The environmentally-beleaguered Shark River will probably only have its navigational channels cleared in the future but most likely never be dredged in its entirety, according to a federal environmental official.
“Due to ecological impacts, as well as the logistics and economics of removing that much sediment, the likelihood of a permit being issued for such an activity appears minimal,” said Karen Greene, Mid-Atlantic Field Offices Supervisor for the National Marine Fisheries Service (NMFS) Habitat Conservation Division, in a statement.
“While dredging the entire river would, in fact, be something desirable for everybody unfortunately, in these times, such a project economically unfeasible. We need to concentrate on things we can do and need to make those things happen,” said Neptune Township Committeeman Randy Bishop, who has been a longtime advocate for dredging the river,
The National Marine Fisheries Service provides advice and recommendations to federal agencies on activities that they fund, authorize or undertake that may affect aquatic resources and their habitats.
Greene’s statement was in response to an inquiry made by Sen. Jennifer Beck earlier this year about dredging the entire river.
“In all likelihood, the federal resource agencies, including the National Marine Fisheries Service, the U.S. Fish and Wildlife Service, and the U.S. Environmental Protection Agency, would have objections to dredging the entire Shark River due to the ecological impacts that would result from the removal of mudflats and effects that the loss of this valuable habitat would have on fish and wildlife,” Greene said in an April 23 statement.
Environmentalists have previously argued that if the Shark River remains filled in, then it will become dead with little or no marine life,. An original dredging study, conducted more than 10 years ago, estimated that about 1.5 million cubic yards of material would have to be removed to restore the entire river.
According to the Monmouth County Economic Development Office, the Shark River’s 23-mile shoreline generates $59 million annually into the state’s economy. The river was last dredged in 1980 and it borders five municipalities: Wall, Neptune, Neptune City, Avon and Belmar.
A contract to dredge about 106,000 cubic yards of sediment from the Shark River’s navigational channels is expect to be awarded by early September.
Sen. Beck said she realizes that the federal response to dredging the entire river is not what some people want to hear.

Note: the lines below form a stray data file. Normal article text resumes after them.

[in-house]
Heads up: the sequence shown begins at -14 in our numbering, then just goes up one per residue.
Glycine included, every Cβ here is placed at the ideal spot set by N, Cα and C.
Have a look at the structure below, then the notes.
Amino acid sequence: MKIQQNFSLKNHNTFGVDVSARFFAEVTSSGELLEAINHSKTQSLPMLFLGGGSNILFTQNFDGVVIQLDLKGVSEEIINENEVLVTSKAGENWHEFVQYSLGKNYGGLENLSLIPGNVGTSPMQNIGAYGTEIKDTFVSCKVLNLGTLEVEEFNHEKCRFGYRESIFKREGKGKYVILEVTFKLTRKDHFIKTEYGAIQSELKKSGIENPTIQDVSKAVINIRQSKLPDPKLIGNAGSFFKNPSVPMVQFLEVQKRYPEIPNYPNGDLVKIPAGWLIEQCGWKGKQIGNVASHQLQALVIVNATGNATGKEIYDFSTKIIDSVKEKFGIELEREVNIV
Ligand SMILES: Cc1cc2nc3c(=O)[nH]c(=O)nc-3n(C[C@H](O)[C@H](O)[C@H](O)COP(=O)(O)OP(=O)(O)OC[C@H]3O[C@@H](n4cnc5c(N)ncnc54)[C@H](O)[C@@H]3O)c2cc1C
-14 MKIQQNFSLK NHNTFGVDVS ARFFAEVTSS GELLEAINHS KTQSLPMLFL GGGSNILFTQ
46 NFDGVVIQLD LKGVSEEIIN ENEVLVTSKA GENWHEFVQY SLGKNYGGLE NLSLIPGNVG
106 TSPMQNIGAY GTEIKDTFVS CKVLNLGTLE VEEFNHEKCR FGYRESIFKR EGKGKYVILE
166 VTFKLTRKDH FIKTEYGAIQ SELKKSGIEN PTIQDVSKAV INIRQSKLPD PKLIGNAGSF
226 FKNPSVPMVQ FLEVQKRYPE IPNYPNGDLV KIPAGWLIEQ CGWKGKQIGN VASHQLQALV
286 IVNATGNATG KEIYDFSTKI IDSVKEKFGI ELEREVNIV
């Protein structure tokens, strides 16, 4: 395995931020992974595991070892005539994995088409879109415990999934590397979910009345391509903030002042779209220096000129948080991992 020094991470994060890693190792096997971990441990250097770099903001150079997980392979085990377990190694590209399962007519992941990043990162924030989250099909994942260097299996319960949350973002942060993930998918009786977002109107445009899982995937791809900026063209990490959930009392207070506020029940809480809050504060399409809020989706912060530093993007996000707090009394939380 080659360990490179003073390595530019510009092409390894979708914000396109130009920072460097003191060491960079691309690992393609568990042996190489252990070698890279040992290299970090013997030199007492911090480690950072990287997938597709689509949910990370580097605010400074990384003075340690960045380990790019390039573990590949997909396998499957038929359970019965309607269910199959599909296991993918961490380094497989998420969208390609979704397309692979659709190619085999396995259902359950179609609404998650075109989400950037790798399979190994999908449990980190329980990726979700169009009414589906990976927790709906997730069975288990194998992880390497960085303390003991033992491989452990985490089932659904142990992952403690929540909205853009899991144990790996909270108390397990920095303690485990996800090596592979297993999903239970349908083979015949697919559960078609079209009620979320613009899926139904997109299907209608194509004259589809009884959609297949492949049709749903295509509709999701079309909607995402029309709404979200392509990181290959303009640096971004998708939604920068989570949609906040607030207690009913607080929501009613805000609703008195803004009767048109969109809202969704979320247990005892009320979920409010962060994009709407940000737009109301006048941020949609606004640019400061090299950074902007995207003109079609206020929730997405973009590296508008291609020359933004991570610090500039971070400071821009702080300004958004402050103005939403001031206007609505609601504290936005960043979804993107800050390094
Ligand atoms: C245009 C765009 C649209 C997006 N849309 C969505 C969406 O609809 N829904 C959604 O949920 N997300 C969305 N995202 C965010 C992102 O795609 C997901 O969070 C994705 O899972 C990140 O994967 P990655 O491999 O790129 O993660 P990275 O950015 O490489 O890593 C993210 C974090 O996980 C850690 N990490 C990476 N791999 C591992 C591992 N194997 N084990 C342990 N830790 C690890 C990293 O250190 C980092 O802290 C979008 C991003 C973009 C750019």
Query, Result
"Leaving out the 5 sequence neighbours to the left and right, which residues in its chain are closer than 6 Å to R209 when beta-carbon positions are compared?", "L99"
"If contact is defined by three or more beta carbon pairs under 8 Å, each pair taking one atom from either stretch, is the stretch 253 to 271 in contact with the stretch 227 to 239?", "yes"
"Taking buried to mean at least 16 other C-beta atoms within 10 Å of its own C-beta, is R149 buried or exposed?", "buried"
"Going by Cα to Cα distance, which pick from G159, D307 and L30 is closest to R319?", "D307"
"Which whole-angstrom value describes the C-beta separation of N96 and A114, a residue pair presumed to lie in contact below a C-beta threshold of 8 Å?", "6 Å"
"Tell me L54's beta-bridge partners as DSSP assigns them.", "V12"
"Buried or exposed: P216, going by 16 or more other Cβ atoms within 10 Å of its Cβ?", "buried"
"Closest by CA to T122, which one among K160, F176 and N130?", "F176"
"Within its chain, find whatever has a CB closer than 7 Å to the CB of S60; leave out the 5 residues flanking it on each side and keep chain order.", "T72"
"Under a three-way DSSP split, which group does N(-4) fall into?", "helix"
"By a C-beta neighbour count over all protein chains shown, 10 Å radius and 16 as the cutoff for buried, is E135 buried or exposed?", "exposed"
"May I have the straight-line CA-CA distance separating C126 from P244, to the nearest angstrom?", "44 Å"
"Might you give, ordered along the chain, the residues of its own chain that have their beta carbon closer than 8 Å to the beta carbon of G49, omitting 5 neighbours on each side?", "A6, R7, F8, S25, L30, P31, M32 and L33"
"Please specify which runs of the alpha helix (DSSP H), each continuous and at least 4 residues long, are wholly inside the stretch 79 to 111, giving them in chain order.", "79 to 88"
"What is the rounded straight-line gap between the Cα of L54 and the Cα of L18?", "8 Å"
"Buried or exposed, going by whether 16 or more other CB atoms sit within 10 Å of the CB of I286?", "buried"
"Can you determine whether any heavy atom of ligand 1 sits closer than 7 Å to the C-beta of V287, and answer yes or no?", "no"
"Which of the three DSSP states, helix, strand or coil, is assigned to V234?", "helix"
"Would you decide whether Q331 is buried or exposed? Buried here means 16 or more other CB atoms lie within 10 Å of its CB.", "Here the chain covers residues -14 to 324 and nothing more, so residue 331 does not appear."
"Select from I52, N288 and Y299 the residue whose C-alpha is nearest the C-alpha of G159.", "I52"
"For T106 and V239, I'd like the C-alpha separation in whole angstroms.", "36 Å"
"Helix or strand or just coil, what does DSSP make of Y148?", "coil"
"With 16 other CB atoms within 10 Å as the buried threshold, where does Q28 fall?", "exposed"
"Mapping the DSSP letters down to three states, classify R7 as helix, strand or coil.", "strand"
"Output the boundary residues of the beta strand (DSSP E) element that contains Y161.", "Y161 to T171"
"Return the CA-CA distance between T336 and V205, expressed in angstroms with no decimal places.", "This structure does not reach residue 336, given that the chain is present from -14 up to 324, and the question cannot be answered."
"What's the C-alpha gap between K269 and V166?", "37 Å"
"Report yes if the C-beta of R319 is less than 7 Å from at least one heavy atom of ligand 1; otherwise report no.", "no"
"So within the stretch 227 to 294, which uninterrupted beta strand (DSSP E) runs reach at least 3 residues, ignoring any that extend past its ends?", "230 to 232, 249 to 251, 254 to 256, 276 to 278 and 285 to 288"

“I know this is not the answer people wanted but, in reality, this is what we are dealing with. We should at least celebrate the fact that some channels are being dredged after three decades,” she said.
“Not only is there no funding to undertake this kind of effort, it is not going to be allowed by the federal agencies that oversee it. It is more than apparent that dredging will be to navigational channels only,” said.
Beck said that the current proposal to dredge navigational channels is a “significant project” and that she would like to see some kind of long-term schedule in place to maintain the channels.
“We need to keep up with it over time. We really need to have a long-term plan to dredge so we are not in such a position again,” she said.
Greene said the only way non-navigational areas of the Shark River would be dredged is if contaminants were found.
“In the case of the Shark River, as well as any other water body, dredging should generally be limited to areas where there is a navigational need, unless there is some overriding concern with contaminant remediation,” Greene said.
She said the Passaic River is an example where dredging large areas of the river is being considered to remove high levels of contaminants.
“The Passaic River is a Superfund site and it should not be considered as a typical situation,” she said.
On a much smaller scale, Greene said that sites like Wreck Pond in Spring Lake and Twilight Lake in Point Pleasant Beach have also had dredging done to improve water quality but these waterbodies are coastal lakes that have very limited connection to either the Atlantic Ocean or upper Barnegat Bay and have been impacted severely by upland development.
“They are not comparable to the Shark River which is open to the Atlantic Ocean. Ecologically, the shallow water habitats and mudflats of the Shark River are important for a number of fish and avian species. Winter flounder spawn in the shallows of the river and it is used as a nursery and feeding area for a wide variety of other fish such as alewife, blueback herring, summer flounder, and many others.
‘Numerous species of bird use the area as well, feeding on fish and other aquatic organism found in the sediments. Portions of the river have been mapped as containing harvestable levels of hard clams,” she said.
Greene also said that the EPA has designated mudflats as “special aquatic sites” under a section of the federal Clean Water Act due to their important role in the estuarine ecosystem for spawning, nursery and forage areas for fish and wildlife.